Friday, February 20, 2009

Vogue 2972 – Denim Pants

This is my second attempt at this pattern. The first didn’t turn out all that well. I had major fit issues in the back.
Look at all those wrinkles! And this was after taking at least one full inch off of the back inseam.

Well, this was like an itch that just needed to be scratched and I was pretty determined to get a better fit. Initially I should have started with a smaller size, but the pattern I was using was now out-of-print.

It is nearly impossible to tell what the pants really look like from the picture. Black clothing doesn’t photograph well – even for professionals apparently. The line drawing is much more helpful (click on it for a clearer view).
I bought another, very similar pattern in a smaller size (Vogue 2907). I read and studied “Pants for Real People” from Palmer/Pletsch and then was unsure about whether to just continue with the pattern I had already used and made some modifications to or go back to the very beginning and start with 2907. Hmmmm… Since I essentially had a finished muslin in the first pair of pants, I decided to stick with the first pattern.

These are the alterations I made the first time around….
After making the muslin:
*I took in 1/2" from the top of the yoke at CB. Tapered to 1/4" at CB of pants.
*I lowered the yoke at the side seams 1/4".
*I took in the side seams 3/8".
*I "filled in" the front crotch curve, adding 1/4" at the base of the curve.
*I added 5/8" to each side at the hem for a total addition of 2.5 inches in circumference.

After trying on the “real” pants:
*I took in 1" at the top of the back inseam, tapering to 0 at the knee.
*I took in 3/8" at the top of the front inseam, also tapering to 0 at the knee.
*I scooped out the back of the crotch seam by lowering the seam 3/8" (for a total difference of 3/4").

This resulted in the fit you see above. Clearly more work needed to be done. My biggest fit issue in pants (other than length – RTW problem only) is the seat. My flat bum leaves a lot of extra fabric sagging, bagging and wrinkling around the top of my legs in back. This is very clear from the side view of the first pants.

It seems the best way to fix this is by making a tuck in the back pattern piece parallel to the grainline for the full length of the pants. I took a ½” tuck. I also took ¼” off the back inseam and 1/8” off the front inseam (this is on top of what is mentioned above). Removing fabric from the inseams changes the crotch curve and I scooped out another ½” to make up for it. The PFRP book also suggested lowering the waistline at CB for a flat bum and I took off ½”. If I make these again, I will add that back on. I don’t think I really needed that, particularly with this pattern. They aren’t plumber pants yet, but they aren’t far from it either.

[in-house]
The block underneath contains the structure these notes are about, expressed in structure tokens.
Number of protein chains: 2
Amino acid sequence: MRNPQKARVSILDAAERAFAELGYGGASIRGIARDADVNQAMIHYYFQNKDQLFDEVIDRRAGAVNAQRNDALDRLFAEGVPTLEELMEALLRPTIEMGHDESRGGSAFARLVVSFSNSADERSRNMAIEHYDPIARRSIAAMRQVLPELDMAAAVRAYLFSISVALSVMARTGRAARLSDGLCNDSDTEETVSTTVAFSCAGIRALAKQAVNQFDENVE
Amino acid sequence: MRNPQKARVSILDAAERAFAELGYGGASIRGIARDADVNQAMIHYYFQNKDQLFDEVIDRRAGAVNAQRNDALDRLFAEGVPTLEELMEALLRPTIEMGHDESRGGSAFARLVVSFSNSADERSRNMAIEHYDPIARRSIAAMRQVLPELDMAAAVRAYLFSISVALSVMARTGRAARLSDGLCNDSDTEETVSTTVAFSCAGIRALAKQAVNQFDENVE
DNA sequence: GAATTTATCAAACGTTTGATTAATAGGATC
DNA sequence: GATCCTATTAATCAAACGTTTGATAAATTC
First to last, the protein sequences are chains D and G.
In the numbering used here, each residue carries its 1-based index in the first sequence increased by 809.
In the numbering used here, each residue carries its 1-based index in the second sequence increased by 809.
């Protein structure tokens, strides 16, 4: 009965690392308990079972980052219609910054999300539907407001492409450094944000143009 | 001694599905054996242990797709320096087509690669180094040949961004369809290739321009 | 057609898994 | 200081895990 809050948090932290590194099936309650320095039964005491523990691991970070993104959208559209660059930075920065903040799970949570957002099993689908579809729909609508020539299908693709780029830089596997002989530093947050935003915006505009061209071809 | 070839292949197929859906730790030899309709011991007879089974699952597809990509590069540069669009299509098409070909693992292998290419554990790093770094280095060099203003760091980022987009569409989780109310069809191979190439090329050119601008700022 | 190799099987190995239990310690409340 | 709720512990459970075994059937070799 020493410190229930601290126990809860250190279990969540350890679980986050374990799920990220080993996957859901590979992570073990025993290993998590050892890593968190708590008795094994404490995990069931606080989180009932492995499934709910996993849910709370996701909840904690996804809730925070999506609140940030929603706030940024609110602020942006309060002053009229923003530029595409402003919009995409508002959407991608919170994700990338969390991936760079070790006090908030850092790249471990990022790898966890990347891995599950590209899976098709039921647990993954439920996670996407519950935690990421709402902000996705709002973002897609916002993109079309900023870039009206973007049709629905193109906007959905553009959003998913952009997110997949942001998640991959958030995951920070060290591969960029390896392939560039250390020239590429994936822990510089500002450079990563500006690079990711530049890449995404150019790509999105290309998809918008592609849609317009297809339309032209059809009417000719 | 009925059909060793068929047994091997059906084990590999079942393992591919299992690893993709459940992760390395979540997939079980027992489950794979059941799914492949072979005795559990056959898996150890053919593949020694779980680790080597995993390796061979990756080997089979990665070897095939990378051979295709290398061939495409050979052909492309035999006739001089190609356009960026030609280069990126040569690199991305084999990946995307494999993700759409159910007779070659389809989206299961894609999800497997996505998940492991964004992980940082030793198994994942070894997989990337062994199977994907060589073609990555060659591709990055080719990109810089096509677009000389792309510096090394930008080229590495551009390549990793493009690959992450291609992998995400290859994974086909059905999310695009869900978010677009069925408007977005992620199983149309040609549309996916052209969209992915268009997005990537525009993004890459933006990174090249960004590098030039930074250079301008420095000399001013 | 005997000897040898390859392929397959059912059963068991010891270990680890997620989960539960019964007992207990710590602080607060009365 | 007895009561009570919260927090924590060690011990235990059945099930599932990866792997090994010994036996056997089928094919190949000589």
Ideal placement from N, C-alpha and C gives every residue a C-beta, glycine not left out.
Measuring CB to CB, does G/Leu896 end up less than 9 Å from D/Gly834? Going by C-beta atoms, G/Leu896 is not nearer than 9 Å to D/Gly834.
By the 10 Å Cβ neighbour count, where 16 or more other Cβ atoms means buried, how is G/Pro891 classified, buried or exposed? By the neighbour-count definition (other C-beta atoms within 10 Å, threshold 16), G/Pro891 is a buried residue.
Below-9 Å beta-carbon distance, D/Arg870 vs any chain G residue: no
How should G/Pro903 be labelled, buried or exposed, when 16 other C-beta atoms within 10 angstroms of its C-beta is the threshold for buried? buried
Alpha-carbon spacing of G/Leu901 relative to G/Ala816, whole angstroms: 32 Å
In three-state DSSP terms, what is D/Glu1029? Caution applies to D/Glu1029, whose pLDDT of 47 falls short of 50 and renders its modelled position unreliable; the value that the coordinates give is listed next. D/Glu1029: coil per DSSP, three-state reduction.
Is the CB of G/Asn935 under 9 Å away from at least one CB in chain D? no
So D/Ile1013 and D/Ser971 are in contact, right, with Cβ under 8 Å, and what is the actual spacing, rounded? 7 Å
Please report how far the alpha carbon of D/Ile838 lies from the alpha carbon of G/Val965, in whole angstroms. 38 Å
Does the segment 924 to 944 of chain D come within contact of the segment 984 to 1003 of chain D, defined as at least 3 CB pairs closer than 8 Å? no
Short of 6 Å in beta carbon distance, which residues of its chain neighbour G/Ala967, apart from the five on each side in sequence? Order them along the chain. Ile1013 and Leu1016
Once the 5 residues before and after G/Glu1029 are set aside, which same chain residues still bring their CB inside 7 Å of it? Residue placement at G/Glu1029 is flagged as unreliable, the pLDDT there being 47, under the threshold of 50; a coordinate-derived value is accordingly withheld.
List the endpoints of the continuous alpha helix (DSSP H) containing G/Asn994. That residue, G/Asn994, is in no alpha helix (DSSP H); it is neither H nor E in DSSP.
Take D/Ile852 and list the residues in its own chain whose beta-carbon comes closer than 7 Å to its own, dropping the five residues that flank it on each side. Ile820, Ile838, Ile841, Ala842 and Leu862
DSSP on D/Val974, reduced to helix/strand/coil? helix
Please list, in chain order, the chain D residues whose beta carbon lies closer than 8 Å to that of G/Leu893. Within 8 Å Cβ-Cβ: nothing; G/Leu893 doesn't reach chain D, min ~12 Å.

After all that, here’s the back view:

(That's a pretty small, dark photo, isn't it? I guess I was in a hurry to get this up and didn't want to wait for the Preacher to play photographer. I think I'll have to come back and edit it later.)
Perhaps not perfect, but a considerable improvement. It is easy to overanalyze a picture, but in real life you have to be able to walk, bend, sit, crawl around on the floor (okay, maybe not everyone does that, but it is a regular part of my life). So, sometimes necessary wearing ease looks like wrinkles or drag lines in a picture.

Other non-fit changes:

The welt pockets are totally fake! I’ve made quite a few welt pockets, but they’ve all been real. It never occurred to me to make them fake until it was suggested in the PFRP book. They wondered why you would want extra bulk in the back. Considering the problems my flat bum causes, maybe I do want extra bulk there….

I really like the little loop closures except for the fact that they don’t match! The topstitching is on the outside of the loop on one and on the inside on the other. Grrrrr. I’m so annoyed that I missed this when it could have been fixed. It wasn’t until I was hemming the pants that it caught my eye. I let out a yell that startled the Preacher. When he learned the cause for my yelling he didn’t really think that it was warranted.

The pattern calls for a sewn-on fly. I did follow the instructions for this on the first pair and I found the instructions good. But, I didn’t really want to mess with it on this pair and added the fly facing pieces to the pattern before cutting. The fly guard is cut from contrast fabric – a cotton paisley print. I used the same fabric for the front pocket facing and backing for the “tag” (just ribbon from the scrapbooking department of Michael’s).

I also decreased the height of the waistband/yoke by 1”.

The topstitching is done with two strands of grey multi-purpose thread. Increasing the tension and using a topstitch needle helped to get pretty good results. (The more I sew, the more I see that using the proper needle makes ALL the difference!) I wouldn’t describe the grey as “light” but it looks pretty bright against the dark denim. Perhaps a shade or two darker would be preferable.

I estimate these pants cost about $10.00. The fabric was pretty inexpensive and I was intending these to be a second muslin. But, the more I wear them, the more I like them. I do think the crotch curve could use a little work yet. In the rear view pic it looks like I have a bit of a wedgie, eh? It really doesn’t feel like that when I’m wearing them. I wonder what that means….back to the drawing board….


  1. What a great job on the denim pants. Thanks for the idea of faux welt pockets.

  2. Hi, Good job. If you have future specific fit issues, just e-mail me a photo and I will try to help. Pati Palmer, co-author Pants for Real People.

  3. Really late commenting, but these pants fit you perfect. You did a great job fitting them.